He was in poor health for much of the war. He discouraged disagreement, and, as a result, many of those close to him were sycophants. He sometimes insisted on keeping loyal friends in office despite overwhelming evidence of their incompetence. Regarding all opposition as directed at him personally, he wasted valuable time and energy quarreling over unimportant matters, and he was unwilling to delegate authority. He has also been accused of neglecting the civil aspects of government to concentrate on the military. Davis's greatest weakness was his inability to get along well with people. He was stiff and formal, unwilling to concede small points to win large objectives. As one Confederate official noted in 1864, Davis seemed "to possess a most unenviable facility for converting friends into enemies." As a result, he quarreled long and often with Confederate congressmen, generals, governors, and the press. Largely because of these limitations, Davis lacked popular appeal. He was unable to win wholehearted cooperation for such unpopular but necessary measures as conscription, the impressment of supplies, and suspension of the writ of habeas corpus. Nor was he able to deal with such problems as refugees, inflation, and the shortage of necessities. He became increasingly unpopular as the war continued.

In fairness, it must be said that the winning of Southern independence was probably impossible and that Davis did not receive the support that he should have. Much of the opposition to him came from short-sighted men who put personal status or their state's interests above the cause of the Confederacy, or from honest men who were unable to understand that successful modern war demands the sacrifice of some state rights and personal liberties to the common cause.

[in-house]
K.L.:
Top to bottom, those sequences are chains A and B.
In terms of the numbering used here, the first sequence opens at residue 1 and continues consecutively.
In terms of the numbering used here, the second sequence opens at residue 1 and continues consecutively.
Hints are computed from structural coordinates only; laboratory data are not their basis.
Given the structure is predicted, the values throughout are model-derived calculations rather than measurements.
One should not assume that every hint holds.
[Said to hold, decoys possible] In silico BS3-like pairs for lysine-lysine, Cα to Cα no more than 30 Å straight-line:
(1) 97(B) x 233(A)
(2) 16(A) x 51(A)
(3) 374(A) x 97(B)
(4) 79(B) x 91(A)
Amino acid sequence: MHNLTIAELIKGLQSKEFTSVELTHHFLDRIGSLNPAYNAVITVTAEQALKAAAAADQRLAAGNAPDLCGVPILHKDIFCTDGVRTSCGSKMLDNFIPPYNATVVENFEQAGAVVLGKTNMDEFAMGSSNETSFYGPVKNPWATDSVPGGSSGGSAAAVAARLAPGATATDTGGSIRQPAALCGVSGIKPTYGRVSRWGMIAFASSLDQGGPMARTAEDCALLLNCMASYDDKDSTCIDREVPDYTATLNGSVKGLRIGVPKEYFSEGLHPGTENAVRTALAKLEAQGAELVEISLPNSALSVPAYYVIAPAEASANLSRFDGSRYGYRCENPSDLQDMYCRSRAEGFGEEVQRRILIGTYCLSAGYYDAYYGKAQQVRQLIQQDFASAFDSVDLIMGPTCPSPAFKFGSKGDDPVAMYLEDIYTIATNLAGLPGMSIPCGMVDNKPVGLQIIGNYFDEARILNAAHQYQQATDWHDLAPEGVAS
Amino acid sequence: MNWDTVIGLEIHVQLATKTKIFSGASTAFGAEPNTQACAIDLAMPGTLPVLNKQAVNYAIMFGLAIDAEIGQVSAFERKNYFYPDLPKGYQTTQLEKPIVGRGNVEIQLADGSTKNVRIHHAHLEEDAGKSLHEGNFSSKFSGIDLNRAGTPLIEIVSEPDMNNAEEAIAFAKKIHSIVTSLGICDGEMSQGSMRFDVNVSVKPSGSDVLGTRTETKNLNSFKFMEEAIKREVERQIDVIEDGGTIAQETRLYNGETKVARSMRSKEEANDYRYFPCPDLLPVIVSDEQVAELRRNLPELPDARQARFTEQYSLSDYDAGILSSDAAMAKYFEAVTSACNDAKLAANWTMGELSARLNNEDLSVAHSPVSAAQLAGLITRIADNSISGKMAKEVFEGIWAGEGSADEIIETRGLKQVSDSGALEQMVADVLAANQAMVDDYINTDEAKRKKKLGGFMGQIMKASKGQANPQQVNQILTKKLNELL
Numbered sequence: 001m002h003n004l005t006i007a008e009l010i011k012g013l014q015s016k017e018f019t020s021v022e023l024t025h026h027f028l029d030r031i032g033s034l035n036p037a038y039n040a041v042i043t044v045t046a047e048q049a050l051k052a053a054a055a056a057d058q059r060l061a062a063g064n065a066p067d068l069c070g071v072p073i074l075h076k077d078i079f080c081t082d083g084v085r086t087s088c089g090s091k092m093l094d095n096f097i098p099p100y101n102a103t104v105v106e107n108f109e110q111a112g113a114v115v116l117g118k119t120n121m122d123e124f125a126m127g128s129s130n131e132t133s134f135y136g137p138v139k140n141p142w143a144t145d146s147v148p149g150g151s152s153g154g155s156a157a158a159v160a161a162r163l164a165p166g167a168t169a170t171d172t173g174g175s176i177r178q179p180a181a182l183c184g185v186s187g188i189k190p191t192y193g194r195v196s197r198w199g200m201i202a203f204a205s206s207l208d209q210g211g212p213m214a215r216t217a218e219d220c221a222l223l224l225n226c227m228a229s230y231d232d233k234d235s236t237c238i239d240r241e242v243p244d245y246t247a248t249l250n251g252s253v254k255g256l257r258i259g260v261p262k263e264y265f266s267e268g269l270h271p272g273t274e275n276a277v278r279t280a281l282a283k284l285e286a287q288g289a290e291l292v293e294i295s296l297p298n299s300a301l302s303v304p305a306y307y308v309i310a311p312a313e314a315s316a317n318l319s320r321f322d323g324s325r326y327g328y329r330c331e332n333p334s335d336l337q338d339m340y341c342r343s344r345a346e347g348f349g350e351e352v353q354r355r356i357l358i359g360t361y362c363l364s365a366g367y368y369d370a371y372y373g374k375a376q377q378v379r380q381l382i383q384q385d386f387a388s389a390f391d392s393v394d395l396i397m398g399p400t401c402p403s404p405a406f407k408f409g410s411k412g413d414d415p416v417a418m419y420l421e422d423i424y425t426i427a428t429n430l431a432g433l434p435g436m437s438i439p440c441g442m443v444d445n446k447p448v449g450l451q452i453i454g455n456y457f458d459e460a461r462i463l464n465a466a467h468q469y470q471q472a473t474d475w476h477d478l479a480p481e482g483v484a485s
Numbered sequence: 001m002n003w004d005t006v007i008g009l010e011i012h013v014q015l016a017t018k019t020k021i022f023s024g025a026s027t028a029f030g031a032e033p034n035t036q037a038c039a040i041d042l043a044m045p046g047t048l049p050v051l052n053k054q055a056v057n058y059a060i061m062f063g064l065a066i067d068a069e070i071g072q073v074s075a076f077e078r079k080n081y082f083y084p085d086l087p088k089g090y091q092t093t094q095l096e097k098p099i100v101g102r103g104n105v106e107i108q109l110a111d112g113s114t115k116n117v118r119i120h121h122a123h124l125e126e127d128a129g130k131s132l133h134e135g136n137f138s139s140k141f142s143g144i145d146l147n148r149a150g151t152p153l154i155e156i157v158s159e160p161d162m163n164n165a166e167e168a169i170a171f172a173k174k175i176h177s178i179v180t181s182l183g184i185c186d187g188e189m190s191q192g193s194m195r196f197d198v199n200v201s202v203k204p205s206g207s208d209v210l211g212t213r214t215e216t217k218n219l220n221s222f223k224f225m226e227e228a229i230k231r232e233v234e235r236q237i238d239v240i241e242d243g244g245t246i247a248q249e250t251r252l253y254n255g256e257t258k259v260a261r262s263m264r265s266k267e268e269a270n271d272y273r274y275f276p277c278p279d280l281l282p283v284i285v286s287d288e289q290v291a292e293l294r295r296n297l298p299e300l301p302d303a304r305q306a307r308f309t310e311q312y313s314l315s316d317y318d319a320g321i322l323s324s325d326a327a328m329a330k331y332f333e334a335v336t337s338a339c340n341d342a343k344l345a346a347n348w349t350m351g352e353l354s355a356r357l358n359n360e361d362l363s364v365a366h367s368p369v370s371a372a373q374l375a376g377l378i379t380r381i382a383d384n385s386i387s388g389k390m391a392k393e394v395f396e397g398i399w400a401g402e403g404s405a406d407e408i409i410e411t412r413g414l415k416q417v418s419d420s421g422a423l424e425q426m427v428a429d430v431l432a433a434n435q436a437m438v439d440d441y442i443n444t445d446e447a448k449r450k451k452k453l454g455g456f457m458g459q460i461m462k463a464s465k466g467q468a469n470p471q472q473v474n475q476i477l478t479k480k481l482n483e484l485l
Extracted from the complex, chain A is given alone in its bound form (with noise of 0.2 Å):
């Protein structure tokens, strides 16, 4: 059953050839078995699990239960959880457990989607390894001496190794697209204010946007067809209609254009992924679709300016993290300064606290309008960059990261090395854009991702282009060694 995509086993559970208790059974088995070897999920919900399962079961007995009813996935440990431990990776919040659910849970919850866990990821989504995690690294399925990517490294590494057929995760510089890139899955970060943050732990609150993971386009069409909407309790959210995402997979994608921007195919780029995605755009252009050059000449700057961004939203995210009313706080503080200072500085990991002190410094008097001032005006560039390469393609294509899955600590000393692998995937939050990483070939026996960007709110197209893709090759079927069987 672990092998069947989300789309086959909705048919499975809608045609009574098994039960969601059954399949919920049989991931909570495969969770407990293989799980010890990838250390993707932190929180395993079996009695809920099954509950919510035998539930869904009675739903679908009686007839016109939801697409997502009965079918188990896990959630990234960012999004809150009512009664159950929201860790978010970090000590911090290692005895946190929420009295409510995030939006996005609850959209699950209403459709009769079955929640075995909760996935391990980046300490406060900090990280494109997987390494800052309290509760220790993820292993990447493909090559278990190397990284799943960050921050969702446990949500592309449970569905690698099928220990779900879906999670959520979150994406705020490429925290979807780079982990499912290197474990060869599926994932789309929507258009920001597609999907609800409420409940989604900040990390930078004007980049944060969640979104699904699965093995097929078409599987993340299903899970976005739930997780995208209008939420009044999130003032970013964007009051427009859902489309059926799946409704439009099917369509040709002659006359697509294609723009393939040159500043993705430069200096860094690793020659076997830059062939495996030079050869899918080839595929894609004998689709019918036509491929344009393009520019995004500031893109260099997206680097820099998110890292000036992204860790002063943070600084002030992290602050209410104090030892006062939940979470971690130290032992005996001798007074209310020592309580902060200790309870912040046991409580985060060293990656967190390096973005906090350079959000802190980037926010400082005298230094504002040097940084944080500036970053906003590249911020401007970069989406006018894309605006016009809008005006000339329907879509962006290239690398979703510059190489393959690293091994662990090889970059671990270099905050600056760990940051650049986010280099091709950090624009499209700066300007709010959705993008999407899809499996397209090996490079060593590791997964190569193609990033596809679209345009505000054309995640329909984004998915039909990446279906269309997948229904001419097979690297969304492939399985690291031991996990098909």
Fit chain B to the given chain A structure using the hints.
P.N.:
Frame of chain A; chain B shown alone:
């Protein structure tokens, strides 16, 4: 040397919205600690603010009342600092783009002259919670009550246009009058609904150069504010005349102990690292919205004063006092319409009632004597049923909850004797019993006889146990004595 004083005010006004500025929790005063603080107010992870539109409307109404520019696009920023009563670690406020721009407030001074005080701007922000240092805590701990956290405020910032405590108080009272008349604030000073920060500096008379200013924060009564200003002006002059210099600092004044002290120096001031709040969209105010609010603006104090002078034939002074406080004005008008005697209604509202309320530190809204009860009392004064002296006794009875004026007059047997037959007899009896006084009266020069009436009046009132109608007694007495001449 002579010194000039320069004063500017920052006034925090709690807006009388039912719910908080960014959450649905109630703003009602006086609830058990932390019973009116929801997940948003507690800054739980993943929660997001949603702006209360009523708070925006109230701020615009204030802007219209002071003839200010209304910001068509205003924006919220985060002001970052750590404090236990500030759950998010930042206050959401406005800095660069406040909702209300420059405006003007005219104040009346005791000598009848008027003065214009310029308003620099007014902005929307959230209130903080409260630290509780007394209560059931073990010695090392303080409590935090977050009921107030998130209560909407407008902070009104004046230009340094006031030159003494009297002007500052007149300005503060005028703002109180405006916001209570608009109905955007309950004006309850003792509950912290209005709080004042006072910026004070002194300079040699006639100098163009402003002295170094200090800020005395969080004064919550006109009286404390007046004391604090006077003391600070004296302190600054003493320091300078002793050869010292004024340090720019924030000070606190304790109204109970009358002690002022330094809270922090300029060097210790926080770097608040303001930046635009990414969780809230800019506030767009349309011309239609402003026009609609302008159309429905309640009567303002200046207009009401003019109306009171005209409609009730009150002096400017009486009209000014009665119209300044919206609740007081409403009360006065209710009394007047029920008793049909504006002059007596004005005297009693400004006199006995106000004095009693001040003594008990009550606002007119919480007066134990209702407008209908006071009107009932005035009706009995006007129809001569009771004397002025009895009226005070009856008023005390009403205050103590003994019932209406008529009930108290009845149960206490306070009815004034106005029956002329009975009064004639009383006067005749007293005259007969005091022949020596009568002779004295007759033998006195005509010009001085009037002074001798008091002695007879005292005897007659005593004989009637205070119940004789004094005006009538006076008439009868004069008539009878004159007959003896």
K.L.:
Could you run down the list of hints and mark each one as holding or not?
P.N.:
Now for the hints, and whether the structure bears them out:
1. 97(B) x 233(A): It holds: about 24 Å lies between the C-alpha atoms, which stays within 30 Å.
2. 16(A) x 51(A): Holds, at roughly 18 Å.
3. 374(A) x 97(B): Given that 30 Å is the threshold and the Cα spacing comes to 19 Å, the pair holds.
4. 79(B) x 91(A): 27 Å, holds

In April 1865, as the Confederacy was collapsing, Davis fled from Richmond, Va., hoping to continue the war from the Deep South or from west of the Mississippi, or to organize a government in exile.

On May 10, 1865, federal troops captured him at Irwinville, Georgia. From 1865 to 1867 he was imprisoned at Fortress Monroe, Virginia. Davis was indicted for treason in 1866 but the next year was released on a bond of $100,000 signed by the American newspaper publisher Horace Greeley and other influential Northerners. In 1868 the federal government dropped the case against him. His suffering during his imprisonment won him the affection of the Southern people, who came to regard him as a martyr to their lost cause.

Believing that he had done nothing to be pardoned for, he refused to seek a pardon and remained ineligible for public office.

From 1870 to 1878 he engaged in a number of unsuccessful business enterprises. Davis retired to his home near Biloxi, Mississippi (an estate that he inherited from a generous family friend). He devoted himself to writing in defense of the South in general and himself in particular. His Rise and Fall of the Confederate Government was published in 1881.

Jefferson Davis died in New Orleans, on December 6, 1889. His grave is in Richmond, Virginia.

The Life and Death of Jefferson Davis, A. C. Bancroft, 1889